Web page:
facilitating discussions and connections between residents, and she hopes Read 2020 will help fulfill that purpose. “I really hope to see people in Evanston get excited about reading and start conversations with one another based on what they’re reading,” Jacob said. “I want them to be enthusiastic about seeing reading as a portal to greater understanding of each other.”

supportive of the company’s expansion to Tech Express despite its potential to hurt Compass’s coffee sales at the same location. The BrewBots are still in a “Proof of Concepts” stage to gauge how many people interact with it, its popularity, and its success from an operations perspective. The company has no immediate plans to introduce more BrewBots on campus, but “would love to expand more if it goes well,” Haller said. The bigger-picture plan for BrewBike is to “get

on as many campuses as possible and employ as many students as possible,” David Silverman, BrewBike’s brand manager, said. The Communication senior said BrewBike has seen continuous, year-on-year growth in every key performance indicator — the company has been generating more revenue, paying higher wages to students and employing more students than ever before. BrewBike has been giving more students “opportunities to test their business skills, build

them, all the while making some money at school,” Silverman said. The company now has operations on four college campuses — UT Austin, Texas State, University of Miami, and Northwestern. “Our students on every campus are really learning a ton about how to operate a business, just like our founding team did at Northwestern,” Philips said. “I’m just so excited to bring that to more campuses.”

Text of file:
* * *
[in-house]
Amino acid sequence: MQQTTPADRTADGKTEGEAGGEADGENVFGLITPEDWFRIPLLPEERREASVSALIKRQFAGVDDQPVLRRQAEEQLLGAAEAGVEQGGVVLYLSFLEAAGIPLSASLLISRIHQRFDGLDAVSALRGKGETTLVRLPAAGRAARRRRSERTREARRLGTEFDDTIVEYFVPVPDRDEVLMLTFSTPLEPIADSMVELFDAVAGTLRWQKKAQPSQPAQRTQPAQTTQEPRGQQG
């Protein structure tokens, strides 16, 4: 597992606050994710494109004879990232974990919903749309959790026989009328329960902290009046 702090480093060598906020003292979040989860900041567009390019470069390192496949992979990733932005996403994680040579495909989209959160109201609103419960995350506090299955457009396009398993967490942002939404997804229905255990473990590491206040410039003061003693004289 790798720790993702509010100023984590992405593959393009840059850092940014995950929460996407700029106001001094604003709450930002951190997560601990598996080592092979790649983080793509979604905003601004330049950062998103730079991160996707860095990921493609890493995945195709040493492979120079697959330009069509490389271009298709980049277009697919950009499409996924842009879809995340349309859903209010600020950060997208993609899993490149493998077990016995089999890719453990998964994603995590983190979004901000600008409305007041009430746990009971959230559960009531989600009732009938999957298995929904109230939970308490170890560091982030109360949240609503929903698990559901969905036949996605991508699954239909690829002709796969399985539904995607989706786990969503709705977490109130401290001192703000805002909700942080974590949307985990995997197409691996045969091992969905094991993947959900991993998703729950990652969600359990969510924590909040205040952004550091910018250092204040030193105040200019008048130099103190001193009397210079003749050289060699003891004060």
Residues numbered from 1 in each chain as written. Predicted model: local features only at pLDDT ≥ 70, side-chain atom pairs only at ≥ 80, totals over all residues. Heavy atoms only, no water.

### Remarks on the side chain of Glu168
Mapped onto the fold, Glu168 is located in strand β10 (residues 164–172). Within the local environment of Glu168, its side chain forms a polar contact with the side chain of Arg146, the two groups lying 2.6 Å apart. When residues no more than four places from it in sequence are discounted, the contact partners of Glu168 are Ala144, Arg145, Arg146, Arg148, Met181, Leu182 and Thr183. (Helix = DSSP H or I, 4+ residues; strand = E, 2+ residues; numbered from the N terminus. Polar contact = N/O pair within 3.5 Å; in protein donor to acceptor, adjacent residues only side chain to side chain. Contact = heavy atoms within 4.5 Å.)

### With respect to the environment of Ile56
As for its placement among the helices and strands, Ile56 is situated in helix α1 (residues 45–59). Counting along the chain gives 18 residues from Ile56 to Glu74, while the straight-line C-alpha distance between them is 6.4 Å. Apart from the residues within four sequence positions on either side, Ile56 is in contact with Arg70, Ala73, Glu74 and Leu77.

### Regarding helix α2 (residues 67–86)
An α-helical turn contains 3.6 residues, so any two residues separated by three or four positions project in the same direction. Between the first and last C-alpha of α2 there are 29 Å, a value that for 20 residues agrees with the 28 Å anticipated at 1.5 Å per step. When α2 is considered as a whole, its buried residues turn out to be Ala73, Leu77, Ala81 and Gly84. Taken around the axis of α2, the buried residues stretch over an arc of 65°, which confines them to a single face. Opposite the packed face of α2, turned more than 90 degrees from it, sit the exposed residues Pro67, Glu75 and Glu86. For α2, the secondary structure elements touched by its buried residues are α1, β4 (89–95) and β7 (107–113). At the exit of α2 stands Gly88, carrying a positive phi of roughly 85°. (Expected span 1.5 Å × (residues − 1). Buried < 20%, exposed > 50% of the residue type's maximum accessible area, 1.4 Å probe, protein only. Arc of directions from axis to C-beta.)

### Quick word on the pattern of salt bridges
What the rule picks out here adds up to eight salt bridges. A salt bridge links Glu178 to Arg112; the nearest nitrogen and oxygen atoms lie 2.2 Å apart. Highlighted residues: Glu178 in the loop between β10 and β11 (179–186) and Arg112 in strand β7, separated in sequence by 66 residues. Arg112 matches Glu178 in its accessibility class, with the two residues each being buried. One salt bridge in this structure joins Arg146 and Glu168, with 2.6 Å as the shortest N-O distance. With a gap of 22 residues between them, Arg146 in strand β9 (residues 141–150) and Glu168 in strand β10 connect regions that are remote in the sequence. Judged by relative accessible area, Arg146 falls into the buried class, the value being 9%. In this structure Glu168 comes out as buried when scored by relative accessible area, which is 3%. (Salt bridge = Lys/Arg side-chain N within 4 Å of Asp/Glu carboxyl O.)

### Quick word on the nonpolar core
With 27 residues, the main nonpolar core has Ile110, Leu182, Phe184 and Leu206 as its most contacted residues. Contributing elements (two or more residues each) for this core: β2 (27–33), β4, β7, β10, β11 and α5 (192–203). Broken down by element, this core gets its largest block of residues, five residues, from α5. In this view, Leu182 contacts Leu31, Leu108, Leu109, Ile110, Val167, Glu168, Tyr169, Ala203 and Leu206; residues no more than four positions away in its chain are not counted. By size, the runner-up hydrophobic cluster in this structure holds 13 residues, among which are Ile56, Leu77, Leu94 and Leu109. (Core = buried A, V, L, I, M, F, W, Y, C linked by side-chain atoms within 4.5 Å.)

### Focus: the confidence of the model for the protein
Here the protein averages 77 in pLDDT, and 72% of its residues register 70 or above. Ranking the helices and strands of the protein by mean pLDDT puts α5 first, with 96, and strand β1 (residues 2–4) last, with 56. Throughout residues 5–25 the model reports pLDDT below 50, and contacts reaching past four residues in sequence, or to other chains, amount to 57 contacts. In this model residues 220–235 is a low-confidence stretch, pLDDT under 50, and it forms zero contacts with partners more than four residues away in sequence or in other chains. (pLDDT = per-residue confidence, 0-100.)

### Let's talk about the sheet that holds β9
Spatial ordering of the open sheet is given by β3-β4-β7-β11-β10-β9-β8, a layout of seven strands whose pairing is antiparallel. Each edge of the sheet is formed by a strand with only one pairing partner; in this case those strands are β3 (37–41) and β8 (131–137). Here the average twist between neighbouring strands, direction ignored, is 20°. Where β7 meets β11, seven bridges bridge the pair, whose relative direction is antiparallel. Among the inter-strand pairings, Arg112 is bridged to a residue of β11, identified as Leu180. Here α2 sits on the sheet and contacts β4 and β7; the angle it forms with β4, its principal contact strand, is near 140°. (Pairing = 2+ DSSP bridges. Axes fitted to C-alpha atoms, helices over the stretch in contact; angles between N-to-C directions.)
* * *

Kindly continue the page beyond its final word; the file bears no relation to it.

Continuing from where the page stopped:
partisan, the same way the (impeachment) vote was purely partisan. I think it was a purely political process done for purely political motives,” Blair said. During the impeachment proceedings, Speaker of the House Nancy Pelosi caught many by surprise when she delayed sending articles of impeachment to the Senate, which are necessary to start the trial and would name the House impeachment managers, who serve as the prosecution. Citing the lack of clarity as to the fairness of Senate Majority Leader Mitch McConnell’s trial framework, Pelosi eventually ended the standoff with Republicans, promising to send the articles this week. McConnell has said he

will coordinate with White House staff to run the impeachment proceedings, forsaking the idea of jury impartiality and essentially guaranteeing a Trump acquittal. Rosie Rees and Kathleen Long, both co-leaders of Indivisible Evanston, said their membership was completely behind impeachment and the decisionmaking of Pelosi. “Our membership is absolutely all for impeachment,” Long said. “We recognize that Nancy Pelosi is driving this whole thing and we are putting our faith in her decision making.” Rees said not sending the articles of impeachment